Friday, April 5, 2013

Thoughts on again seeing Michelangelo's David

I have no pictures for you today, because the Accademia forbids them, so you'll have to bear with text only.  Given the bandwidth here--new hotel due to booking availability--that's probably for the best for me; I might have had to stay past the end of my sabbatical to upload many photos.

I've seen the David on every trip I've made to Florence.  I believe it to be one of the few perfect pieces of art, Michelangelo at the top of his very considerable game.  Studying it again today only confirmed that belief. 

The statue became, as those who commissioned it hoped it would be, a wonderful symbol for the Florence of that day (1504 completion):  a small hero facing huge opposition and emerging triumphant.  They wanted Michelangelo to give them that symbol, and he did.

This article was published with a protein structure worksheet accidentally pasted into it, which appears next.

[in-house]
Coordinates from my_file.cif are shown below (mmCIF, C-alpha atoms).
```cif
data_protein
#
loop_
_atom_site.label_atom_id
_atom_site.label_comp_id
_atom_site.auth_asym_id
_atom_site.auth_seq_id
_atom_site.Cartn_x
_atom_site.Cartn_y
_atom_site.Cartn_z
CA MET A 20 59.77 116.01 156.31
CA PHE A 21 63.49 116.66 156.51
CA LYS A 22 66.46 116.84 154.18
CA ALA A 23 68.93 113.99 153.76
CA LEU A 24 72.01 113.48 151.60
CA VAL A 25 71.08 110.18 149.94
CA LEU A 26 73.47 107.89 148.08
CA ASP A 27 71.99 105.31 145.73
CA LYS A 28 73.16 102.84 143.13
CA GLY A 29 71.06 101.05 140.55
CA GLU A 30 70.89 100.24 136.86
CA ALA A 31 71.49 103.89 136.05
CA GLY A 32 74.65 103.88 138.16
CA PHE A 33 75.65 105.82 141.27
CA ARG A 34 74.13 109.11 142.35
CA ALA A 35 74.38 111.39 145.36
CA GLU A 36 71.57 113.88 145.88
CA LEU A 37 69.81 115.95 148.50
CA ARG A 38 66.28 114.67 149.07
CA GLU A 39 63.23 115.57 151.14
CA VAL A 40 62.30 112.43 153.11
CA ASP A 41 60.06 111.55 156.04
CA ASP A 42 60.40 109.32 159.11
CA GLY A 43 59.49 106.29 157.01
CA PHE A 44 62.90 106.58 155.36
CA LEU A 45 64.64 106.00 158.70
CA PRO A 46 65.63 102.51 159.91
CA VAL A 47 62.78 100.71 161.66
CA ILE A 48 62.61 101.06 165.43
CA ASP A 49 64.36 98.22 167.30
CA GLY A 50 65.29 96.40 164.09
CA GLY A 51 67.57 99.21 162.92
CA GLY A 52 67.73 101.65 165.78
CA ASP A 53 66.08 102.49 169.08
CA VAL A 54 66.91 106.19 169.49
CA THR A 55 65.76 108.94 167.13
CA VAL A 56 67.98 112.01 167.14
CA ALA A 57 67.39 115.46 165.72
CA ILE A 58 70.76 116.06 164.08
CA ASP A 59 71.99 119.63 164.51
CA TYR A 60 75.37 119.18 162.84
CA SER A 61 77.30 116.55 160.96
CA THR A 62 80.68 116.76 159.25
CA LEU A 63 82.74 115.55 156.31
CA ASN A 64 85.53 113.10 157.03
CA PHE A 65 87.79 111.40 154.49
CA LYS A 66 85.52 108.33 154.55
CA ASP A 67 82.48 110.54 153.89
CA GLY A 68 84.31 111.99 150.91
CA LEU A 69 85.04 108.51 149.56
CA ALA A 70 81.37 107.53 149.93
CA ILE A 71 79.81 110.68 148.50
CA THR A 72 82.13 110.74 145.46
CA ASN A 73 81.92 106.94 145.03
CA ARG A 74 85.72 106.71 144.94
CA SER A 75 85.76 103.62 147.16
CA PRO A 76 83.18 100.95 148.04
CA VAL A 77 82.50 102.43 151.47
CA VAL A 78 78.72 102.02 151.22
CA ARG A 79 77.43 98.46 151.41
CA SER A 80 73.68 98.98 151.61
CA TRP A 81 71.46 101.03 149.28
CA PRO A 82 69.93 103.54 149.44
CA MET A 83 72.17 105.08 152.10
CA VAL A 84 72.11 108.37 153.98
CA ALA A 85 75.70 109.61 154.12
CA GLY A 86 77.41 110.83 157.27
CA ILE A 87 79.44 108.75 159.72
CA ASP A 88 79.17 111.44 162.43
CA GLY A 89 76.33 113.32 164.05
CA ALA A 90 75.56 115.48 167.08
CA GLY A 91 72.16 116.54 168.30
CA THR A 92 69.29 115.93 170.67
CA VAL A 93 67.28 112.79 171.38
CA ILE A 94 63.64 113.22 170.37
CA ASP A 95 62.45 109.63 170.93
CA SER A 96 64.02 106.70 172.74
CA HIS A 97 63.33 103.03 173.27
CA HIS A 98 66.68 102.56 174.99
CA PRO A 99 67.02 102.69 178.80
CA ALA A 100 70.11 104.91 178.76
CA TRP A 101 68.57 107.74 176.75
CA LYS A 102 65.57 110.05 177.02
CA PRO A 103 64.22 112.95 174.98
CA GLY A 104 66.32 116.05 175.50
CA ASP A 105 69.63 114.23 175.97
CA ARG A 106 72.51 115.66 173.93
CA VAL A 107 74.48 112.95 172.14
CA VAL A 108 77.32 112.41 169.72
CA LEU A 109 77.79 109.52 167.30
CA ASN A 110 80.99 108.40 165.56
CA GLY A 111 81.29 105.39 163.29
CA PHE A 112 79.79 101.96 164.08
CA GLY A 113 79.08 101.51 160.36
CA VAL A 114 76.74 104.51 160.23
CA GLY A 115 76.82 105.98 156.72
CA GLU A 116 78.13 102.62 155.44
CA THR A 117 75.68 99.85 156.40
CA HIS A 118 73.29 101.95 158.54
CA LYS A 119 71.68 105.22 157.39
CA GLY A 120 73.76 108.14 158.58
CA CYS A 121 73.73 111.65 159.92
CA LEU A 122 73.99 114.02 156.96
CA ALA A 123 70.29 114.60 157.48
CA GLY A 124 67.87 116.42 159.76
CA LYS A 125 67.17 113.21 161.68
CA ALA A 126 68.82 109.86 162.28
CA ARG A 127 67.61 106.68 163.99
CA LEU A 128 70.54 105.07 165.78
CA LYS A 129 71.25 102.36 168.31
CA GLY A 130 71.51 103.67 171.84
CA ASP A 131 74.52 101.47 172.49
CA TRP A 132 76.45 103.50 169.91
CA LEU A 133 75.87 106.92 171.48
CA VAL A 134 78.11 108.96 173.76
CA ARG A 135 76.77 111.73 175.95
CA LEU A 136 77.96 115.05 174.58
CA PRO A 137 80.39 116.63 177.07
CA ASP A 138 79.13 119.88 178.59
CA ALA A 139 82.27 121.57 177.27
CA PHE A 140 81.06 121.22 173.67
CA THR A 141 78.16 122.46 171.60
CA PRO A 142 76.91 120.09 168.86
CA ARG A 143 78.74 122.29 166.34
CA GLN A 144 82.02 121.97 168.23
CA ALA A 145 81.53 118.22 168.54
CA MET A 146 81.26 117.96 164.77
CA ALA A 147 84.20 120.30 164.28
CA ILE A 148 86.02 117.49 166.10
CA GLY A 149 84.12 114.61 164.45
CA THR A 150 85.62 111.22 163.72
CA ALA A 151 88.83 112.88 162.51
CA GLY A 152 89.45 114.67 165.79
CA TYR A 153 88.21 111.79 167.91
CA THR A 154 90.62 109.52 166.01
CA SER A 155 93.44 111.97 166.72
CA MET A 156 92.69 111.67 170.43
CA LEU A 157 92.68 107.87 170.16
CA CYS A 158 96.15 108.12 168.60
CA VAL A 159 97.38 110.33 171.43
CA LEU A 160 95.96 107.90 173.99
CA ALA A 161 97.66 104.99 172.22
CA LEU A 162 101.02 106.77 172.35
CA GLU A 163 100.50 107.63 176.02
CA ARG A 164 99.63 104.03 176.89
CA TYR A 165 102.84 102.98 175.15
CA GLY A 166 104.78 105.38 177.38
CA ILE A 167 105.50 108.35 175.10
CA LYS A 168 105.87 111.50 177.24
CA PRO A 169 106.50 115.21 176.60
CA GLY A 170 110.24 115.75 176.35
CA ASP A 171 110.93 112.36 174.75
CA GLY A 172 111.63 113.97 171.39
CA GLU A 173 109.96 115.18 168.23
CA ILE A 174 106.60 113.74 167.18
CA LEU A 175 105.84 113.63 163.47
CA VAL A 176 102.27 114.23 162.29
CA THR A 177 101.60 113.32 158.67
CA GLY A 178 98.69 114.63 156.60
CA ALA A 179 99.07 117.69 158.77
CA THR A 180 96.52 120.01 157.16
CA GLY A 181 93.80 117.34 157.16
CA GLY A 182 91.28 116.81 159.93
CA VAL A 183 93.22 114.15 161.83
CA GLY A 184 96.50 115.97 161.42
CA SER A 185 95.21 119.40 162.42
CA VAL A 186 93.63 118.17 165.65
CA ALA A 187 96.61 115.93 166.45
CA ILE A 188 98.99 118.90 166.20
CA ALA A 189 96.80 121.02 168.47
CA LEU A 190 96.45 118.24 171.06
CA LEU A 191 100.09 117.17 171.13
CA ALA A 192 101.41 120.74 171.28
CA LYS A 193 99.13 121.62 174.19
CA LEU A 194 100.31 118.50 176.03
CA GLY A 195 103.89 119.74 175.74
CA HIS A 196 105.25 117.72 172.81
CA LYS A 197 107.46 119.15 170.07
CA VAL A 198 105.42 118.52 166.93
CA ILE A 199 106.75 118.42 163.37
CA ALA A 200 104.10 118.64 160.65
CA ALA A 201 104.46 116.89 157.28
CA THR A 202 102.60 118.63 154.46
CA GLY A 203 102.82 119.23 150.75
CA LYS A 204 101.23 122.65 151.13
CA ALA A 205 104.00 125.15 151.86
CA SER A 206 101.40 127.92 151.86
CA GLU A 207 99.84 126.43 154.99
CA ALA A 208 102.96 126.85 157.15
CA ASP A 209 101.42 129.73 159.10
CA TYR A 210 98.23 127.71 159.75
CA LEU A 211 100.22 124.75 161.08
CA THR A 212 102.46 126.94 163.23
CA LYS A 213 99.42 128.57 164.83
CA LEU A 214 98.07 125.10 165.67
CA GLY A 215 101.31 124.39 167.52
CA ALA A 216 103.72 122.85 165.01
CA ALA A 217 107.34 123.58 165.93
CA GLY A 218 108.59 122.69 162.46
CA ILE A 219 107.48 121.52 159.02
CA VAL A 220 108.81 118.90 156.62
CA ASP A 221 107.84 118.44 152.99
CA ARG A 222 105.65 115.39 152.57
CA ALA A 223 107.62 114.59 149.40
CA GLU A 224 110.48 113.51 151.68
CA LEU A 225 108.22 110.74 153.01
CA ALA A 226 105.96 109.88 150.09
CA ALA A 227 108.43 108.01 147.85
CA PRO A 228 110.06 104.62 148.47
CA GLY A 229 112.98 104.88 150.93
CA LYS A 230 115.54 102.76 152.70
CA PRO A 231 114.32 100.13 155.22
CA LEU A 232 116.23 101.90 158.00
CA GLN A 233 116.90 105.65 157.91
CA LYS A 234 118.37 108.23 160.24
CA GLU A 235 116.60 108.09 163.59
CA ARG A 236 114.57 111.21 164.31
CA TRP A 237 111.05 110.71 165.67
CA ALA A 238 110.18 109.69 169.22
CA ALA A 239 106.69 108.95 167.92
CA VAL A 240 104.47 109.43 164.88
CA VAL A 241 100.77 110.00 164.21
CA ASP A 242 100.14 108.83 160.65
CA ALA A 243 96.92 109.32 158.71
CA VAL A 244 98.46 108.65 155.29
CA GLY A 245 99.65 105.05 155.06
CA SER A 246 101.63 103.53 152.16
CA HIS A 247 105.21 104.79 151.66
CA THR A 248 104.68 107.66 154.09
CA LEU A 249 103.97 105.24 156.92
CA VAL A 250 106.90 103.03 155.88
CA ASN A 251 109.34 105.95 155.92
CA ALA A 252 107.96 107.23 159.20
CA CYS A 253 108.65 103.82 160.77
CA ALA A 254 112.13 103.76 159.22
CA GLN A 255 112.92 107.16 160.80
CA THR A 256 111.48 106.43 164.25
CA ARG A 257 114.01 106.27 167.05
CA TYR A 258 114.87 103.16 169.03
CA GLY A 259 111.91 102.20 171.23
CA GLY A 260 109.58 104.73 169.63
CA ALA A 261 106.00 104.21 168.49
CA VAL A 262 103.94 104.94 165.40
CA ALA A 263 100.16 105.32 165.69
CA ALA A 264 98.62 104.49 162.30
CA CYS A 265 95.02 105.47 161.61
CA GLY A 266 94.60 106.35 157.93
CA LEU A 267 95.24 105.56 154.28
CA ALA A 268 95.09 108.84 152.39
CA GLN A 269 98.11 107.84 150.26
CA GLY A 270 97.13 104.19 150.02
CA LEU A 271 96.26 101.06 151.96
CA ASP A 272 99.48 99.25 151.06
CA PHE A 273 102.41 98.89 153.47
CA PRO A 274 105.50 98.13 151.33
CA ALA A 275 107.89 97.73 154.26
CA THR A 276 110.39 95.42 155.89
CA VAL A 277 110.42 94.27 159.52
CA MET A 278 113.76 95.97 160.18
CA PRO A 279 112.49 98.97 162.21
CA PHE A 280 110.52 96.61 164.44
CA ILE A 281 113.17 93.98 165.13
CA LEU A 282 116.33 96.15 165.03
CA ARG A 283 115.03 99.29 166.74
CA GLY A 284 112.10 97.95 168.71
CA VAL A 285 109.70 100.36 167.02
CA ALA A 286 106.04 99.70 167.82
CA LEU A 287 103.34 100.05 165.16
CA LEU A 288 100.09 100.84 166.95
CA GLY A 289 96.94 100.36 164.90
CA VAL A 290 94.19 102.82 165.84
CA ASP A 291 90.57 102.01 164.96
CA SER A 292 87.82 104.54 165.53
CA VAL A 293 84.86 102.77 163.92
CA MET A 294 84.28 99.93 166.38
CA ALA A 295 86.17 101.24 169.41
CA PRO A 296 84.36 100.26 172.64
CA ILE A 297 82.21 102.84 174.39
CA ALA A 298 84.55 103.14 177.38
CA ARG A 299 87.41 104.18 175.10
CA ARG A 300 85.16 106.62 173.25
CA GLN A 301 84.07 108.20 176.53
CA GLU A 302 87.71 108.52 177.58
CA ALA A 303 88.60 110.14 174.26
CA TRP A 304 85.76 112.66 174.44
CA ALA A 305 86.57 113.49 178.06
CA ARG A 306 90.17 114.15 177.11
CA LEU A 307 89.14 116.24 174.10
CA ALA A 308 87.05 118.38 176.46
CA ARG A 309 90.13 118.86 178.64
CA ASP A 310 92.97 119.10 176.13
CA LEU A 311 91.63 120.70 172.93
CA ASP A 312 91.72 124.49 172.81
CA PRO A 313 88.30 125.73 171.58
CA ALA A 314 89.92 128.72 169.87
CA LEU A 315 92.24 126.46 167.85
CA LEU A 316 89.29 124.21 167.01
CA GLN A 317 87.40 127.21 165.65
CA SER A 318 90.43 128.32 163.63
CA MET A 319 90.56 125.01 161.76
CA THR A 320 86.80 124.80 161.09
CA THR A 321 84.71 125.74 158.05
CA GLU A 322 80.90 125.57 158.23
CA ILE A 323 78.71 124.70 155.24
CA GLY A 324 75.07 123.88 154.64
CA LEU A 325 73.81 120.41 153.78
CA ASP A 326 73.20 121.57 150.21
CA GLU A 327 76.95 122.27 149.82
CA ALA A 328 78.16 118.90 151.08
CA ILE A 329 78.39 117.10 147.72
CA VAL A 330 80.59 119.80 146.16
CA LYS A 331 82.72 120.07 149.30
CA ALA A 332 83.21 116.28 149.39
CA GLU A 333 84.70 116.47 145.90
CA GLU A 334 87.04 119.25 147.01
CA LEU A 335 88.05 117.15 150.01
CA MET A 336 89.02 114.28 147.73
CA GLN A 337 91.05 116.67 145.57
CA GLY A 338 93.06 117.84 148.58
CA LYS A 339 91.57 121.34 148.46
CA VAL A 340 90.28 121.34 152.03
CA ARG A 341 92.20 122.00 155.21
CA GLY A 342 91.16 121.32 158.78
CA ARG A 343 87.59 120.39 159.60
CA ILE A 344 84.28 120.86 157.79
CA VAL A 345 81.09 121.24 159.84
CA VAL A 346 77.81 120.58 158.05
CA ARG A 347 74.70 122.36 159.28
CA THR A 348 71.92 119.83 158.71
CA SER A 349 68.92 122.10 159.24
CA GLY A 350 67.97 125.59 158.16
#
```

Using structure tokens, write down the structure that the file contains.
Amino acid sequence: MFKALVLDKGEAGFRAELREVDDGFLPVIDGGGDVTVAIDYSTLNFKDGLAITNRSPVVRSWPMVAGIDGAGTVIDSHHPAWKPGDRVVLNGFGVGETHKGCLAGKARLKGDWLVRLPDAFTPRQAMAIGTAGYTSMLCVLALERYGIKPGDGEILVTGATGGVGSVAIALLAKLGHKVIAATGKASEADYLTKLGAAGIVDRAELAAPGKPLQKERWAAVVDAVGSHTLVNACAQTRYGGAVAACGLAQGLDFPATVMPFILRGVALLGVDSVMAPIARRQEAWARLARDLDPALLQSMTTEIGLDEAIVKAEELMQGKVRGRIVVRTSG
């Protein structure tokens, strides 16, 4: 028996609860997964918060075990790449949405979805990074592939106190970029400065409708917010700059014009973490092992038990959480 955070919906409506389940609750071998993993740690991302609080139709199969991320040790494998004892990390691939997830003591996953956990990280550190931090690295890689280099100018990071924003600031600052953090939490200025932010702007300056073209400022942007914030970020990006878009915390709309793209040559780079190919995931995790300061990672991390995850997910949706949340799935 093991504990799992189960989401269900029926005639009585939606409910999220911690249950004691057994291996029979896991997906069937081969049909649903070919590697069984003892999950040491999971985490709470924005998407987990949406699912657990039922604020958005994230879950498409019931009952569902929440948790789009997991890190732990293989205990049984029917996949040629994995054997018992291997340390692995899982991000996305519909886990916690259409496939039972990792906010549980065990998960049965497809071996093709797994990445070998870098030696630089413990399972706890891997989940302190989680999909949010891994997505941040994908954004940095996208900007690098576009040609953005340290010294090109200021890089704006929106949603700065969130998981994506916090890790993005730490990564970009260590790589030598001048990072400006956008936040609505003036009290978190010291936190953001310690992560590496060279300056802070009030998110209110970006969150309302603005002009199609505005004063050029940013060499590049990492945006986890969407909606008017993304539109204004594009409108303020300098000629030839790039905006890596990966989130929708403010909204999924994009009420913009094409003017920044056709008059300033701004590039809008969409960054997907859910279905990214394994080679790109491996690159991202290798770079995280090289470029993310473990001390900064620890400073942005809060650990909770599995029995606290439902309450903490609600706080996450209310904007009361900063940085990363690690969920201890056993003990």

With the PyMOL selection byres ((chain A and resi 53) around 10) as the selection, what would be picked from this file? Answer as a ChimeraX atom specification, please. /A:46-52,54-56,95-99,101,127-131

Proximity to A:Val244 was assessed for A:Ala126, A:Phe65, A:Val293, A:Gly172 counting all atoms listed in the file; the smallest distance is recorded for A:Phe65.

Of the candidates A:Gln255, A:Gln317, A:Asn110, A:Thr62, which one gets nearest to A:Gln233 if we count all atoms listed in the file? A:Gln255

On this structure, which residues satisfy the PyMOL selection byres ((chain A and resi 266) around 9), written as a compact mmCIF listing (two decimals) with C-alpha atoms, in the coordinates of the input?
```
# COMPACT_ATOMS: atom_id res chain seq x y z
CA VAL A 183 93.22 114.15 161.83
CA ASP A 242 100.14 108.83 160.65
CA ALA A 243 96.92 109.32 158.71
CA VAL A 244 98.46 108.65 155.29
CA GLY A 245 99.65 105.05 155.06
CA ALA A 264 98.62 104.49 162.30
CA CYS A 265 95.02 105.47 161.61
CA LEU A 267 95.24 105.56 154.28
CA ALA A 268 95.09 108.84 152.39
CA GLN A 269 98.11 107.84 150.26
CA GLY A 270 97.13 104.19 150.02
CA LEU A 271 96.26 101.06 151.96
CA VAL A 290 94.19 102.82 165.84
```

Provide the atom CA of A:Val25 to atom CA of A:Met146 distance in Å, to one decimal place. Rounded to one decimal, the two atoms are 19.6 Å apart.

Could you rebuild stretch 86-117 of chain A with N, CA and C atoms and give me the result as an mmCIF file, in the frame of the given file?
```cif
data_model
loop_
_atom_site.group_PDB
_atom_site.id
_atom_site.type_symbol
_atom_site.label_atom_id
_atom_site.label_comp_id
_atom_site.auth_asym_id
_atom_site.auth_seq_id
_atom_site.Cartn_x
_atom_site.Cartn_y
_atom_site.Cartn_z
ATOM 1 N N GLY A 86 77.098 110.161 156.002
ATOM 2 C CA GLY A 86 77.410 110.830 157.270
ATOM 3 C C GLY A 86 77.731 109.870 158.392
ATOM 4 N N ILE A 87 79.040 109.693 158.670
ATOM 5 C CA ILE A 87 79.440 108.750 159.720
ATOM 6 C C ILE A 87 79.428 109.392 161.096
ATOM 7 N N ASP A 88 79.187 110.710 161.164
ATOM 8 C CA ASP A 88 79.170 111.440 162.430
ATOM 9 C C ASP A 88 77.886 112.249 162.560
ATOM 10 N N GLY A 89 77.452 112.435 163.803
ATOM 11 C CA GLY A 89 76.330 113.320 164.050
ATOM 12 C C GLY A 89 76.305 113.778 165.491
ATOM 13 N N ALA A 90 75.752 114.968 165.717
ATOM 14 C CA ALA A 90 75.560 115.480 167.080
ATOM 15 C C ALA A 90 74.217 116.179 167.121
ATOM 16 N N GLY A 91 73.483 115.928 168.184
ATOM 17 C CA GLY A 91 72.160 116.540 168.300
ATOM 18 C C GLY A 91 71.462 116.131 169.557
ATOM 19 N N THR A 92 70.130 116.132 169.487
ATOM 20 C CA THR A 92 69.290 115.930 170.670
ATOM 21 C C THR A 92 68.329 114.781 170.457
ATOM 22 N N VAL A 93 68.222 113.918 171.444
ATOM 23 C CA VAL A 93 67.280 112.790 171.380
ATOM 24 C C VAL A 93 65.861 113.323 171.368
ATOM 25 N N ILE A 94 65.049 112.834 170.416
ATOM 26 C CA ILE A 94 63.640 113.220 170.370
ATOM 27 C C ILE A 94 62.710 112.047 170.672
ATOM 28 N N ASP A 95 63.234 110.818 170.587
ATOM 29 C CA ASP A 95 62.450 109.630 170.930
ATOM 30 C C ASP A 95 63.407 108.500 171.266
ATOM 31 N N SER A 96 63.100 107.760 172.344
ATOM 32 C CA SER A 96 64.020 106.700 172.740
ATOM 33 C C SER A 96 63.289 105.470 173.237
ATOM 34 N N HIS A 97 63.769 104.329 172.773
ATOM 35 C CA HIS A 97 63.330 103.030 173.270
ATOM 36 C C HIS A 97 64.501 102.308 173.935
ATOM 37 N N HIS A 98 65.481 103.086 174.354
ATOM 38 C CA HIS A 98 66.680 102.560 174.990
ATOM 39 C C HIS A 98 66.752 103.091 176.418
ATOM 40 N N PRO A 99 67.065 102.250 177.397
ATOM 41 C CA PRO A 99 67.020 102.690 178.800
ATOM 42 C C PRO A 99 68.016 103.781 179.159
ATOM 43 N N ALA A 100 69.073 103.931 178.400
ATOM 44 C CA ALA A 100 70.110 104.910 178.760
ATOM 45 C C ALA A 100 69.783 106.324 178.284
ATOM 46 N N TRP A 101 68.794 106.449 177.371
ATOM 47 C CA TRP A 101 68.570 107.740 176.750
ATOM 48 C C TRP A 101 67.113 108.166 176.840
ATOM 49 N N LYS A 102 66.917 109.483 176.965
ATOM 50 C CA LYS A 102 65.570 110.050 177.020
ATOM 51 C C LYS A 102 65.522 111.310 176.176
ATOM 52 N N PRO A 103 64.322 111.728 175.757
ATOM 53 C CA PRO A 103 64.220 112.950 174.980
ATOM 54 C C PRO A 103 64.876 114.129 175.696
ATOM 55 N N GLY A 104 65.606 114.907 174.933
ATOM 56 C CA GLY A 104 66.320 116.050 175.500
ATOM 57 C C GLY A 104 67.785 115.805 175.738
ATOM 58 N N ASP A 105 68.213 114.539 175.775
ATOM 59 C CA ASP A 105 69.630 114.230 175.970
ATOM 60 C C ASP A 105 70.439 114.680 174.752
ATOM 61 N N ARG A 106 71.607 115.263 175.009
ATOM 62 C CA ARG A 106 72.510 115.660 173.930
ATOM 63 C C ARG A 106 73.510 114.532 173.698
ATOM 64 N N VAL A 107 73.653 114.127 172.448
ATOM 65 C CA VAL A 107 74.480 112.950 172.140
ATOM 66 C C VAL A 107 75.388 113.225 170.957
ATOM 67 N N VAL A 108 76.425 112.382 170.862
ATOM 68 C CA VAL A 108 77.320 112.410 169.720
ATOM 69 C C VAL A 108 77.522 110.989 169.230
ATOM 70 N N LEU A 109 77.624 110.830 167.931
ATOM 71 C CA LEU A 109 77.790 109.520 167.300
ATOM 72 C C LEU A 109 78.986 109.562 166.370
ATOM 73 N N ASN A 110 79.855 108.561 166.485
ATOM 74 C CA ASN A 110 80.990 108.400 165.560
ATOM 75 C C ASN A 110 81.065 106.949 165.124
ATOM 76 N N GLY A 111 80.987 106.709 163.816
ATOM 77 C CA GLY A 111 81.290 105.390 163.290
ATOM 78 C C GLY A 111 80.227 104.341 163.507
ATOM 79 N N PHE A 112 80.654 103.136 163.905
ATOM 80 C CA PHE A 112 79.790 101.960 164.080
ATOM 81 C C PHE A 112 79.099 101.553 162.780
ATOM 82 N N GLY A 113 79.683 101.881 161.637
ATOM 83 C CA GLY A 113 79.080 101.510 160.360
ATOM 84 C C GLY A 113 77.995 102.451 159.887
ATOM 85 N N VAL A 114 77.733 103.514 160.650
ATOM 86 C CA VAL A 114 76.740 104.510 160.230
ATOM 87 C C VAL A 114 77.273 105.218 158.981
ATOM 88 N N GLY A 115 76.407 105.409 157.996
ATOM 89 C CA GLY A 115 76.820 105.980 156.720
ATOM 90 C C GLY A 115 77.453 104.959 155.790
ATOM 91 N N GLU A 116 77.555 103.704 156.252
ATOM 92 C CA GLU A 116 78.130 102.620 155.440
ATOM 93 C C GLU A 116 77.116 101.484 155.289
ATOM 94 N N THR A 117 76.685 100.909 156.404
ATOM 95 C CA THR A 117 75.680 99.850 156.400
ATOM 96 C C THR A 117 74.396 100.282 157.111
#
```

What struck me most today, though, were the choices he made in creating David.  This man is not in the traditional pose, his foot on his enemy.  No, he is thoughtful, contemplative, clearly ready, his muscles tensed, his gaze clear--but inactive, waiting.  He is a hero willing not to fight if he can avoid the fighting, but ready to fight at a moment's notice.  He is seemingly without guile, yet the hand holding the stone is slightly hidden, his body is turned to minimize how prepared he is.  He is the Florence of the intrigue of the de' Medicis and Macchiavelli, the small place that managed as much through manipulation as anything else to become, for a time, the centerpiece of Italy. 

He is the David, deservedly Michelangelo's most famous creation, and he is magnificent.

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